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Administrative
In administrative cases, the court decides on whether feasance or nonfeasance of administrative entities is illegal and resolves disputes surrounding legal relationships in public law.

Most administrative cases relate to revocation or affirmation of nullity of dispositions or decisions of administrative entities. Dispositions include levy of taxes, suspension or revocation of driver's license, refusal to pay industrial accident compensation insurance money, disciplinary measure against civil servants, suspension or revocation of business license, refusal to accept an application, etc. Decisions include decision of eminent domain by Central Land Tribunal, review decision by National Labor Relations Commission, decision of reparation by the Board of Audit and Inspection, etc. Action for affirmation of status as a civil servant and action regarding a contract in public law are examples of actions that concern legal relationships in public law. Moreover, action for affirmation of illegal nonfeasance is allowed if the administrative entity fails to respond to the application by the public.
Standing and Limitation Period
Standing and Limitation Period
Only a person who holds a direct and concrete legal interest from revocation of the disposition in question may bring an action before the court. If interest to be restored is indirect or abstract, then the action is not allowed.
In general, an action may be instituted without first resorting to a remedy arranged by an administrative entity. However, in regard to levy of taxes, suspension or revocation of driver's license, etc., exhaustion of administrative remedy is a prerequisite to filing an action with the court.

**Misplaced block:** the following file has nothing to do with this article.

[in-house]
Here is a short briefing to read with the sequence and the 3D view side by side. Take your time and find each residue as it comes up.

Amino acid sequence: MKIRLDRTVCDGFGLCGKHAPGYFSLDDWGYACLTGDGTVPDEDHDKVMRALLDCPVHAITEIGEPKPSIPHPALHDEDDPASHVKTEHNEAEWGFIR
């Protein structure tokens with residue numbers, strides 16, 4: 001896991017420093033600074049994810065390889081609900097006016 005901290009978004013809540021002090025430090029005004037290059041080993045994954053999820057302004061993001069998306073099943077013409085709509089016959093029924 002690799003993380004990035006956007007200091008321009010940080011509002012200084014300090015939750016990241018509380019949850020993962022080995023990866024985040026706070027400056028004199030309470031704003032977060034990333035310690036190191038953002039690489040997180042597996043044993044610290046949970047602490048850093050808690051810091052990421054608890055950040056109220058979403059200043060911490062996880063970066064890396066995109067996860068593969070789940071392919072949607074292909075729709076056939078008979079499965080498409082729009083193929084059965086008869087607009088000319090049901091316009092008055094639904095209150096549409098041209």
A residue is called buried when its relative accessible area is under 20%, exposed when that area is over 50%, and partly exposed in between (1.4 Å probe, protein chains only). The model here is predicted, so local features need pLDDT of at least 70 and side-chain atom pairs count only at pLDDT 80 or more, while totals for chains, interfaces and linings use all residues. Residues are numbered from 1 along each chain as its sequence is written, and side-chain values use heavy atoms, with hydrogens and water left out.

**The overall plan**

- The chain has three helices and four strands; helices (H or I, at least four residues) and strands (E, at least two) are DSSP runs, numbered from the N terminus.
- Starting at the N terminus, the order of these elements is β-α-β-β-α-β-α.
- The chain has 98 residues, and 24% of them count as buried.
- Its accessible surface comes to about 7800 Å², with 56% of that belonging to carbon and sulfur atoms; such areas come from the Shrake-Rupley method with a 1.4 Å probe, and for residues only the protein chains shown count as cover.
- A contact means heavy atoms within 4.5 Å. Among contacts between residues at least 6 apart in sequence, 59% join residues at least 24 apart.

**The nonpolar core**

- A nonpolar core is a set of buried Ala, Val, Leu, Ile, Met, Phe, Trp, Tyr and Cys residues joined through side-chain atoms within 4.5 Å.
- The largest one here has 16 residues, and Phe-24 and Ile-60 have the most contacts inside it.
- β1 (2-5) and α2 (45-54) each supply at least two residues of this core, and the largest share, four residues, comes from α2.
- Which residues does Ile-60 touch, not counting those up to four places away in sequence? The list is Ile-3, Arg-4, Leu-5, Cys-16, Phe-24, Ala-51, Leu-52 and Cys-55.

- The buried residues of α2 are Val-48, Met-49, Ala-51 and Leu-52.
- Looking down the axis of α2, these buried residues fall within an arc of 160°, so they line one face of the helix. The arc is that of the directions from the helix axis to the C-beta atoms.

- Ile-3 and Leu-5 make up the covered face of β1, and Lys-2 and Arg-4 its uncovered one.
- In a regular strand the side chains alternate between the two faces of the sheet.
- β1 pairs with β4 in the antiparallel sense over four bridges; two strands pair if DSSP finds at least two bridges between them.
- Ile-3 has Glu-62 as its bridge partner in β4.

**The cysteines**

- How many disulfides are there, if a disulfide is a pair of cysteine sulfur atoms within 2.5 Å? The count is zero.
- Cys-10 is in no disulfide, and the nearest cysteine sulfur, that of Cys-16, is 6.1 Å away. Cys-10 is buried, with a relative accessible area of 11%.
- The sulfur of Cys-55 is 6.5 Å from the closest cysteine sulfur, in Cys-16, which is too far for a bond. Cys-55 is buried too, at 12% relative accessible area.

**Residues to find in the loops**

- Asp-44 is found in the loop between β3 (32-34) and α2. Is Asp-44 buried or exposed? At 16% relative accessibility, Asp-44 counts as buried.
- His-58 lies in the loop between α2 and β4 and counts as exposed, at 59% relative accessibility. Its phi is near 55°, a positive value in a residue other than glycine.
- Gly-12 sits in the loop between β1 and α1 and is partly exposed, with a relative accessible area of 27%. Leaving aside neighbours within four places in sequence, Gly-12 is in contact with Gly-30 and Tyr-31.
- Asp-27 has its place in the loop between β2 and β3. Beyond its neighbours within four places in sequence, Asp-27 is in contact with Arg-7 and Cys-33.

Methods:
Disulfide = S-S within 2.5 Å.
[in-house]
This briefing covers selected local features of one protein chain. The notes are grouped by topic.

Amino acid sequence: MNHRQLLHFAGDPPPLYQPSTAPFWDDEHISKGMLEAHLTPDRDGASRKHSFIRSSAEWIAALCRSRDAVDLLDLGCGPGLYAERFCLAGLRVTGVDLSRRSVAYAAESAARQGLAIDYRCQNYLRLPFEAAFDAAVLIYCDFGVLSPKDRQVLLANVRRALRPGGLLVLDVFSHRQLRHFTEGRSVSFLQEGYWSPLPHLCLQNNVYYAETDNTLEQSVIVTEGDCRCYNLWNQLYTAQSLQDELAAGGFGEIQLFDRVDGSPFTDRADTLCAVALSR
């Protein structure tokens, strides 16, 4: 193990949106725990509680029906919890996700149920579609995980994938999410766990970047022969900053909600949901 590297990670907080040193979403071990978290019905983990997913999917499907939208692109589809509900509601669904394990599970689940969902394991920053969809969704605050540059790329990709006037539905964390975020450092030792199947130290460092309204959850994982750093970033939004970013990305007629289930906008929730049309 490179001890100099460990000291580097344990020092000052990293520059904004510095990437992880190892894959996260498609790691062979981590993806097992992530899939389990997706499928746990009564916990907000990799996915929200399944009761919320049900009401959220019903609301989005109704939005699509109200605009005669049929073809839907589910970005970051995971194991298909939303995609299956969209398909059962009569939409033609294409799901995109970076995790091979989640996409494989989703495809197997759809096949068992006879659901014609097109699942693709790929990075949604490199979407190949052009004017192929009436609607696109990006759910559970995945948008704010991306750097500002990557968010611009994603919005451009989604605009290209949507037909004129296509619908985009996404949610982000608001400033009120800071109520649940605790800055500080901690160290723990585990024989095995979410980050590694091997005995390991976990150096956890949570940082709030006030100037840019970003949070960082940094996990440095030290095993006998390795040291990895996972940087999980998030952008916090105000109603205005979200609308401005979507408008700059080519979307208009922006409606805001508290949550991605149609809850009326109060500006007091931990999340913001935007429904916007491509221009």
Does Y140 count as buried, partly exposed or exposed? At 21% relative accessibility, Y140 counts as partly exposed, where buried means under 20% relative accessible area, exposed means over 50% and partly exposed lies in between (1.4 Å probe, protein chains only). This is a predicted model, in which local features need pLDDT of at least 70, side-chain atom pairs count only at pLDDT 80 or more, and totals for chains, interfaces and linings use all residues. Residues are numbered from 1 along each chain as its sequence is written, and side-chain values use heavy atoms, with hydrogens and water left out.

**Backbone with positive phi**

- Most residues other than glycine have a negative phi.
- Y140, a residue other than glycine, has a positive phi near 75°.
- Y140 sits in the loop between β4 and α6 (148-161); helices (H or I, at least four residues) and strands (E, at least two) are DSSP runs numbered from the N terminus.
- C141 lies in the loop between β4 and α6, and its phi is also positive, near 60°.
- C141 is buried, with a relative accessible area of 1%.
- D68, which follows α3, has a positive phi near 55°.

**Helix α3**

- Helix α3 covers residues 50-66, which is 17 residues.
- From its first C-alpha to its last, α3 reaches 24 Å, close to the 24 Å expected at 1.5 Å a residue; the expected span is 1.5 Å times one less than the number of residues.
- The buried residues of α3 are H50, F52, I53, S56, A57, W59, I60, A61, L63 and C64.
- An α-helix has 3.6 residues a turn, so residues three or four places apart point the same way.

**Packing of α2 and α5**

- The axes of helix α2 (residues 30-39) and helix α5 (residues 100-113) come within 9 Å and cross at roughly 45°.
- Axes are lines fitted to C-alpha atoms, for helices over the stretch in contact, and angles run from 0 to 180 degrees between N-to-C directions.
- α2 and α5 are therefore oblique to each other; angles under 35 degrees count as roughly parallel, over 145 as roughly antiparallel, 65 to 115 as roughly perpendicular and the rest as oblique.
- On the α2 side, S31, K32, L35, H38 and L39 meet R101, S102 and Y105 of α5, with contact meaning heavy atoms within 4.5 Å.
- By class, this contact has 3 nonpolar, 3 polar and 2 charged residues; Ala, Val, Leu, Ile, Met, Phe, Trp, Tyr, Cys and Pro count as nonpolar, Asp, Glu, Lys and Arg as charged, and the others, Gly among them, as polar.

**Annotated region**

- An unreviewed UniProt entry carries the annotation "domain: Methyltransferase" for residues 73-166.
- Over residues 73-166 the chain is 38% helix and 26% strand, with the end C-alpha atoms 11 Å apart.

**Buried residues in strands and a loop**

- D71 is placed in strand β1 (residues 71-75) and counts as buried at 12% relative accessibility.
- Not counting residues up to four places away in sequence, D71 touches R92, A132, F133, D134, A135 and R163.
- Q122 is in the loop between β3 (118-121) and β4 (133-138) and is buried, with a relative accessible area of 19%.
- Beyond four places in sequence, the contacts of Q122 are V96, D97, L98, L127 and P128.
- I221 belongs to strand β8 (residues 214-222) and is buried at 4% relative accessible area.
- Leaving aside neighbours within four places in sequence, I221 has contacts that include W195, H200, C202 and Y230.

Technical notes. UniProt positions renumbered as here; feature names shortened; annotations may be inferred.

Legal relationships in administrative law need to be stabilized promptly since there are far-reaching consequences of these influences. In this regard, actions challenging legality of a disposition must be filed within the period prescribed by Administrative Litigation Act or other applicable laws.
Hearing and Judgment
In principle, administrative proceedings and civil proceedings have similarities in the way they are held. However, as administrative proceedings are more deeply related to the public interest, there is a greater need for the court to intervene ex officio in administrative proceedings rather than in civil proceedings. In administrative proceedings, the court may examine evidence ex officio and consider the facts not averred by the parties though the parties also bear the responsibility to make allegations and to produce evidence.
When disposition is deemed groundless, or, excessively harsh and severe with all circumstances taken into account, even if it has any ground, the court is to revoke disposition in favor of the plaintiff. However, even where a demand of the plaintiff is deemed reasonable, if revocation of disposition is deemed remarkably inappropriate to the public welfare, the court may reject the demand of the plaintiff.
The losing party, like in other proceedings, may appeal against the judgment rendered by the trial court to the High Court and then likewise to the Supreme Court.
Suspension of Execution in the Administrative Disposition
As institution of an administrative action does not preclude the effect or execution of disposition, the judgment in favor of the plaintiff may turn out to be useless if it takes a long time to obtain such judgment. In this regard, Administrative Litigation Act empowers the court to provisionally suspend, upon a request from the plaintiff or ex officio, the effect or execution of disposition under certain circumstances. However, suspension of execution is not permitted if it is feared to have a seriously negative effect on the public welfare.
Administrative Cases
Year 2011 2012 2013 2014 2015
First trial 16,924 16,942 17,777 17,630 18,270
Intermediate appeal 6,414 6,041 6,084 6,431 6,813
Final appeal 3,356 2,998 2,854 2,954 3,093
219 Seocho-ro,Seocho-gu,Seoul 06590,Republic of Korea 02-3480-1100